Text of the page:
Human composting a new business opportunity in Oregon

Shaun H. Ruff

The Oregon Mortuary and Cemetery Board hasn’t received any applications to start a human composting facility

A container of compost produced from human remains is shown at Recompose, a company that composts human remains into soil, Wednesday, Sept. 15, 2021, in Kent, Wash., south of Seattle. Earlier in September, Colorado became the second state after Washington to allow human body composting, and Oregon will allow the practice beginning next July. (AP Photo/Ted S. Warren)

PORTLAND, Ore. (KOIN) – Elizabeth Fournier thought there’d be a rush of people interested in starting natural organic reduction businesses now that the practice of “human composting” in Oregon is legal. But that has not been the case. 

“There hasn’t been one business in Oregon, which has come forward and tried to receive a license for this. And that’s amazing because we’re so ready for this,” said Fournier, who owns Cornerstone Funeral Services in Boring. 

Her business has been working with Oregonians who want to have their bodies composted. She helps coordinate with businesses that offer the service in Washington and she was the funeral director for what she believes was the first natural organic reduction conducted in Washington. 

She is on the Oregon Mortuary and Cemetery Board and on the smaller advisory board for overseeing natural organic reduction in Oregon.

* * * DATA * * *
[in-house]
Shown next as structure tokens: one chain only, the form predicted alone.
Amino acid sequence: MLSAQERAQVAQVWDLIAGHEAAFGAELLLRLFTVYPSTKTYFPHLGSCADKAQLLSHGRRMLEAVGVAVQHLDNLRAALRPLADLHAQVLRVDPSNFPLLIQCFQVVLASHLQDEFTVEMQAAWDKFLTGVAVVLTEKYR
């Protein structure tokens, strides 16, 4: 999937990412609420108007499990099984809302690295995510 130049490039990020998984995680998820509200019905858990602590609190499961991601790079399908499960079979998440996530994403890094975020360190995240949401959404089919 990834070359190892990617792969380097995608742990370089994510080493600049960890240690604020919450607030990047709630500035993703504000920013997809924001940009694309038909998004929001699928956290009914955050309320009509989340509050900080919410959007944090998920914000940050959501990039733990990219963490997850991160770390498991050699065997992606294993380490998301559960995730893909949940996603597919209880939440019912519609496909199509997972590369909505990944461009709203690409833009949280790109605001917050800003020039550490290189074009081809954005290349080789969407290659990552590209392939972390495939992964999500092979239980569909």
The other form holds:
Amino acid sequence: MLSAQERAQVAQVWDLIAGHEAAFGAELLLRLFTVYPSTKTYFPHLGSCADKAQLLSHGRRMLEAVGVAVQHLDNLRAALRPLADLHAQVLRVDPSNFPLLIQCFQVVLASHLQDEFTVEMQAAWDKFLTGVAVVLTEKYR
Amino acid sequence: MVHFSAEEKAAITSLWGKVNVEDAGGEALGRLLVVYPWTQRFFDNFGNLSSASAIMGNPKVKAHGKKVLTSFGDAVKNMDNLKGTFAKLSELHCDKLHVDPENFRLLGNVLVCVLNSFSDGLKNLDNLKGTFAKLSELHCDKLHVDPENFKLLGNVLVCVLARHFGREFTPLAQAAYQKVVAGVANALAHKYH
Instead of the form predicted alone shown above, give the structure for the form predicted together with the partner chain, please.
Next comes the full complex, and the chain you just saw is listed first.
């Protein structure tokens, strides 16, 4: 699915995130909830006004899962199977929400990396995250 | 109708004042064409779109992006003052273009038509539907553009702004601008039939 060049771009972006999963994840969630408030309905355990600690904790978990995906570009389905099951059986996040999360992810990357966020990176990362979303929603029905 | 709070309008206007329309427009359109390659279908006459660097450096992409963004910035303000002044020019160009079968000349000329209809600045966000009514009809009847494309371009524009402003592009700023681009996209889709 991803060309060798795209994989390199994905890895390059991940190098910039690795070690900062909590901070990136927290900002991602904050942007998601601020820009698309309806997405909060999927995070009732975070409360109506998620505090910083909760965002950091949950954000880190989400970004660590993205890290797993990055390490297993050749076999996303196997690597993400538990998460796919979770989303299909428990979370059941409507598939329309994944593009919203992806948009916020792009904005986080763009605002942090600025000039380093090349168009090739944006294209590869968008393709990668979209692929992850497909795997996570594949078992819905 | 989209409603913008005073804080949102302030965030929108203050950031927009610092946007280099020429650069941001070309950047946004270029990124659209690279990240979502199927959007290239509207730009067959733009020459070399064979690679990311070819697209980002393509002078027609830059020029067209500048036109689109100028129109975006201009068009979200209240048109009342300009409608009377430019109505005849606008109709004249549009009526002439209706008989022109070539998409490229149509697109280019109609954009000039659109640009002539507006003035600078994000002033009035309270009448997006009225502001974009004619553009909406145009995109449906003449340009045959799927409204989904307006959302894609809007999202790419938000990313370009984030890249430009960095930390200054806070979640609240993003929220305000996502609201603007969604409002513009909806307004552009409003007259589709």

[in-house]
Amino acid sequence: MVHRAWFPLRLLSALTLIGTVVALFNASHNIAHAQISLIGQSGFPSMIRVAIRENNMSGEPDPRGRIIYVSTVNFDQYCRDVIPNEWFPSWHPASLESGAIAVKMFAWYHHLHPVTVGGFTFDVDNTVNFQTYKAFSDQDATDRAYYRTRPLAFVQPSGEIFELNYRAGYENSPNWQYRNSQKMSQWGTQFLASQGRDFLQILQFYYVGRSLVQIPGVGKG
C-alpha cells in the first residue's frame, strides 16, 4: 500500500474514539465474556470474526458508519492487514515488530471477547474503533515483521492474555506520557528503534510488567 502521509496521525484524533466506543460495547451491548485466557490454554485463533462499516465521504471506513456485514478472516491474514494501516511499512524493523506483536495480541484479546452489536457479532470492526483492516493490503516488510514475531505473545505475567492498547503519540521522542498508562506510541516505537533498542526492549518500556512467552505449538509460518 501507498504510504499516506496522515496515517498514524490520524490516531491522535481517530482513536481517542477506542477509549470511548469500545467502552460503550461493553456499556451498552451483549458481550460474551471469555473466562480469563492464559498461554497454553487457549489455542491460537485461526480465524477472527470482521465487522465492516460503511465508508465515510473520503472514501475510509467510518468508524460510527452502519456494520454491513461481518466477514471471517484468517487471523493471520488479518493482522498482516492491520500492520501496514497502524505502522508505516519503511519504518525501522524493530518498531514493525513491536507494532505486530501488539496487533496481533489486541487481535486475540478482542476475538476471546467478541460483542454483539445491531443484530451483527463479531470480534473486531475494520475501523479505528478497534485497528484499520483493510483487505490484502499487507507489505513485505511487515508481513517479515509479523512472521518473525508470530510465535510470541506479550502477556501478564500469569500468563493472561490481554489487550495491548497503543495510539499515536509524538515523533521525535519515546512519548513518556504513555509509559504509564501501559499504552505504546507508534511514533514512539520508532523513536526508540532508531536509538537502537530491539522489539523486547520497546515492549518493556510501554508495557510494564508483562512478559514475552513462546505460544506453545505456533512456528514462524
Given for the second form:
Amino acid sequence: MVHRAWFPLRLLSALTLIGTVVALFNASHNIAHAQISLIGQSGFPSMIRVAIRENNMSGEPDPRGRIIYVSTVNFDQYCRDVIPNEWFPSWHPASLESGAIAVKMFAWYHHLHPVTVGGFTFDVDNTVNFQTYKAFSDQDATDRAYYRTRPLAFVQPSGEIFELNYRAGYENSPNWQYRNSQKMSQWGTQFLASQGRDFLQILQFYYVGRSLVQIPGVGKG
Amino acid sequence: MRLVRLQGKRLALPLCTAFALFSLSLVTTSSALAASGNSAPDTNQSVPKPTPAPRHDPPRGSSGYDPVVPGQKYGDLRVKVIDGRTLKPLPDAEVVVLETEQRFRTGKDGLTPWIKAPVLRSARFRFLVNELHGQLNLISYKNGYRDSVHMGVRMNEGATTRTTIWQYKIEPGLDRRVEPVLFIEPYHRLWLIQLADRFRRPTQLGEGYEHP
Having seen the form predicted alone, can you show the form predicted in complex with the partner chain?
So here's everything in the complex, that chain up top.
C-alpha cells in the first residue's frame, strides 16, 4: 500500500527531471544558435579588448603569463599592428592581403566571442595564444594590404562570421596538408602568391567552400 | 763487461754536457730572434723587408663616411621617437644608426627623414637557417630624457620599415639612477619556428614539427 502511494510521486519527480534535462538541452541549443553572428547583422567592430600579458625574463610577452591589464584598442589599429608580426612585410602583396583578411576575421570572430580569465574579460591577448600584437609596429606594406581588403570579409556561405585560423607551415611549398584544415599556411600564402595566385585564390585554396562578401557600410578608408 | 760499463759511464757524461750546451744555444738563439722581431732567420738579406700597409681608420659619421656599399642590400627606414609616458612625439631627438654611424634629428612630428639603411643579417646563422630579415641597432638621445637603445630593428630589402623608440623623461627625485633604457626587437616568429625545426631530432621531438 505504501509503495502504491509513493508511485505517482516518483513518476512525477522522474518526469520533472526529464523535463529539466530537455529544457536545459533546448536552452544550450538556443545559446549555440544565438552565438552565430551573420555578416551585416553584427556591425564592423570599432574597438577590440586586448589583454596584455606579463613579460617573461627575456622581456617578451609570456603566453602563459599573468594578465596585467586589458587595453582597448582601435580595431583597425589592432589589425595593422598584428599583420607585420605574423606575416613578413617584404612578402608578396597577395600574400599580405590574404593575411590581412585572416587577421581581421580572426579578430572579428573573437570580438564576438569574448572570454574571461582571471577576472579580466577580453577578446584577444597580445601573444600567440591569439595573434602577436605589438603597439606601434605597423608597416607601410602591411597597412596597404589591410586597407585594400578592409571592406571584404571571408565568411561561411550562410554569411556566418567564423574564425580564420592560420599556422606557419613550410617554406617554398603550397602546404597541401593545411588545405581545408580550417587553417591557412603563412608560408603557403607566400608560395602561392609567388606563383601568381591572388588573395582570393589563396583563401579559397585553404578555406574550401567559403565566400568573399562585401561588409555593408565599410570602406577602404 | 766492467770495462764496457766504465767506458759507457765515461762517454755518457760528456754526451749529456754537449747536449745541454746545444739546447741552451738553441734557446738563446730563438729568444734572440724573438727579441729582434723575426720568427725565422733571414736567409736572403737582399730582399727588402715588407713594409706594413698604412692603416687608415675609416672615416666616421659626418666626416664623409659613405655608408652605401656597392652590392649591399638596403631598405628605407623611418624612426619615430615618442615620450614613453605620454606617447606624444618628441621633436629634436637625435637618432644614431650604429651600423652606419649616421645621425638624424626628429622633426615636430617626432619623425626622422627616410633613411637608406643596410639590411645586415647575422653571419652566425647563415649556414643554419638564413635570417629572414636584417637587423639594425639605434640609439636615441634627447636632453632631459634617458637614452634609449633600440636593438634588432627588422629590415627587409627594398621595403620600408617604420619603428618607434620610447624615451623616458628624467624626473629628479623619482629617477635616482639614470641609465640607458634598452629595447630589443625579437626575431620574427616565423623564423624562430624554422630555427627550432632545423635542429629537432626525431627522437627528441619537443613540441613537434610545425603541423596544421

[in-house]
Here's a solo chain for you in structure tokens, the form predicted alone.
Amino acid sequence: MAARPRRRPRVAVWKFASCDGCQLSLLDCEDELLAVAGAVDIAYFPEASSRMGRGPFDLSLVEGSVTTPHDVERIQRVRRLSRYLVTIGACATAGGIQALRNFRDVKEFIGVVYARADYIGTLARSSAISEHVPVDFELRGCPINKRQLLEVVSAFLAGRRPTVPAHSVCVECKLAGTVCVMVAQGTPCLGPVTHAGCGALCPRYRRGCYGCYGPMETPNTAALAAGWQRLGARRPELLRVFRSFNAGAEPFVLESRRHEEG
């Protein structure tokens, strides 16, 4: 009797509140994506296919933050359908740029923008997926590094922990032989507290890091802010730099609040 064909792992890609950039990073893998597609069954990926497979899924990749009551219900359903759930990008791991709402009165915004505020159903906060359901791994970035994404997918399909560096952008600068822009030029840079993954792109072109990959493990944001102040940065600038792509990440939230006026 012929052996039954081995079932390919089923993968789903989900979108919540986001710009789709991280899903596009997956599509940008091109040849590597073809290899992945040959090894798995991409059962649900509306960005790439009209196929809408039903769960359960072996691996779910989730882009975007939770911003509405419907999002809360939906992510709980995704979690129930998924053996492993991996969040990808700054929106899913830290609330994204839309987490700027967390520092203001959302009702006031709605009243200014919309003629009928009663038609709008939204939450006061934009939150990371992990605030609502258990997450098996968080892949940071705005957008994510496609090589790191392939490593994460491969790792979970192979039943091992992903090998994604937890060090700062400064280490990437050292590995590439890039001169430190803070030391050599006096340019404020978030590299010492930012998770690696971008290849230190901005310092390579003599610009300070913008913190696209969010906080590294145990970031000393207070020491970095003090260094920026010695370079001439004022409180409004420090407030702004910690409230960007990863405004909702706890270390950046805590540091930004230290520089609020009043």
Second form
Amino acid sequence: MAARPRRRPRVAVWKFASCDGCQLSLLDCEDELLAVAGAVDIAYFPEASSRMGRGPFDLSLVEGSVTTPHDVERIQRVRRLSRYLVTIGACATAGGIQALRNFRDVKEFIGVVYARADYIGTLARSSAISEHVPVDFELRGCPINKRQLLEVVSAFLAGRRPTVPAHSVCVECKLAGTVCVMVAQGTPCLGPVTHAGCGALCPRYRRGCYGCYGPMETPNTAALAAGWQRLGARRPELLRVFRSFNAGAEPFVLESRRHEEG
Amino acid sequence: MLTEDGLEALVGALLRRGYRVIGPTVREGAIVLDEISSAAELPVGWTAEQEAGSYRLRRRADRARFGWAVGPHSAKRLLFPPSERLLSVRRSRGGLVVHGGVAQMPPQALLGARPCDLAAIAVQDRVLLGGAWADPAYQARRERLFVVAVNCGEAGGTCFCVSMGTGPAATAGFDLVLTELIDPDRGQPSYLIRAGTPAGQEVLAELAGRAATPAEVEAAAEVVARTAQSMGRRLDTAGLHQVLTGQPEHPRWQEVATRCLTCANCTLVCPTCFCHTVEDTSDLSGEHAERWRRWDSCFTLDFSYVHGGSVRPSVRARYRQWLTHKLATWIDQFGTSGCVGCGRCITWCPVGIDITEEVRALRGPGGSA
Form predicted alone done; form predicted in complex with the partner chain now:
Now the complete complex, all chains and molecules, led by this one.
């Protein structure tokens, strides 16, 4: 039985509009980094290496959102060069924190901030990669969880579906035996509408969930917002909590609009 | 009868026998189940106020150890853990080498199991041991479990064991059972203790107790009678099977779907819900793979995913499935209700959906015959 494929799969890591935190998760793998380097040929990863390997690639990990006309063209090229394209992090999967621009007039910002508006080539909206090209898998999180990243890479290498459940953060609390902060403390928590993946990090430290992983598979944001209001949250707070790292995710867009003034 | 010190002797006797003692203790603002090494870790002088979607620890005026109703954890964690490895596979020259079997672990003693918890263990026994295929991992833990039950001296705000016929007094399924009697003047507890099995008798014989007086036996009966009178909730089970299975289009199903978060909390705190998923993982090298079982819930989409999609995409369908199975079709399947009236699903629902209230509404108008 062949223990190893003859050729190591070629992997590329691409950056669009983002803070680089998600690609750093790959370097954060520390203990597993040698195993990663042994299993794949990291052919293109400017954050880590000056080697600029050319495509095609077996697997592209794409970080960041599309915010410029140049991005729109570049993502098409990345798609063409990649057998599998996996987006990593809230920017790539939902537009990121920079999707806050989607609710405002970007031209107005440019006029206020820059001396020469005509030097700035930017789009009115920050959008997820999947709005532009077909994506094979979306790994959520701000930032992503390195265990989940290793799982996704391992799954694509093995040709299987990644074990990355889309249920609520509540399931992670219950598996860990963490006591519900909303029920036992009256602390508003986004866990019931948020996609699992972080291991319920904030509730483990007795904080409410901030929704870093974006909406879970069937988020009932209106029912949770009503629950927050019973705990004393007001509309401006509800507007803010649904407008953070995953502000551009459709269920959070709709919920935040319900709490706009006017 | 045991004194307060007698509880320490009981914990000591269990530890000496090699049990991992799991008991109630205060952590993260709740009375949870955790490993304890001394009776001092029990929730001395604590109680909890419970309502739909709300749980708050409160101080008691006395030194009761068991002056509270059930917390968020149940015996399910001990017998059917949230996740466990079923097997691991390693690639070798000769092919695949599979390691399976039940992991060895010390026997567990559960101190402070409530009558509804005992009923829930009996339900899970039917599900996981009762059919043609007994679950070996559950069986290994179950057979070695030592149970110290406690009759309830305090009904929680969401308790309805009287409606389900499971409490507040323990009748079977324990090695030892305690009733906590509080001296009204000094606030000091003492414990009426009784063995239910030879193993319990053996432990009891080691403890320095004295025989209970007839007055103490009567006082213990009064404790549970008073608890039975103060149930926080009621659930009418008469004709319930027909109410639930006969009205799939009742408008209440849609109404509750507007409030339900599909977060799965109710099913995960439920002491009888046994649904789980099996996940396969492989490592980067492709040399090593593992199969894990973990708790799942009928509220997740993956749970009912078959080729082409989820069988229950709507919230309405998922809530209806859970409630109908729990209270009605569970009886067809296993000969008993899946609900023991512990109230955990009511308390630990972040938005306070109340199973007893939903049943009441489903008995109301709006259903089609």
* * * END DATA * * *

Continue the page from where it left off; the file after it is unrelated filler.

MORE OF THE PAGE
After seeing the success of natural organic reduction in Washington, and after helping so many families who are interested in this type of after-life plan, she said she’s surprised more people aren’t investing in the business opportunity immediately. 

Some people are asking her why she doesn’t begin the practice, but Fournier said she’s already busy enough with the funeral services she currently offers. 

Natural organic reduction, or “human composting” as some call it, became legal in Oregon on Jan. 1. A similar law took effect in Washington in 2020. Fournier said there are four licensed facilities in Washington and three of them are operating. 

Colorado also legalized human body composting in 2021. 

Fournier said people interested in starting the business in Colorado made trips to Washington to see how it’s done. She’d like to see Oregonians do the same thing. 

“There’s no reason to re-create the wheel,” she said. “There are models, if anybody has any interest. The Oregon Mortuary and Cemetery Board is ready to help people send them some links and get them going,” she said. 

Just like with funeral homes and cremation businesses, the Oregon Mortuary and Cemetery Board will hold licenses for businesses that offer natural organic reduction. Fournier said the board still needs to make some decisions and put rules in place on the practice. 

“They have to know things such as if somebody says, ‘Hey, I want Brother Bill’s leg bone before the natural organic reduction happens.’ We have to compost Brother Bill’s leg with that and then they can have the compost after the fact,” she explained.

For now, if Oregonians are hoping to have their body composted, Fournier said they’ll need to look out of state to find the service. She said Oregonians can contact any funeral provider in the state and they can help people access services across the state border. 

KOIN 6 News covered human composting when Oregon legalized the practice in June 2021. At the time, Recompose, one of the pioneering human composting companies in Washington, said it plans to open a location in Oregon within the next few years. KOIN tried contacting Recompose for an update on their plans in Oregon, but did not receive a response. 

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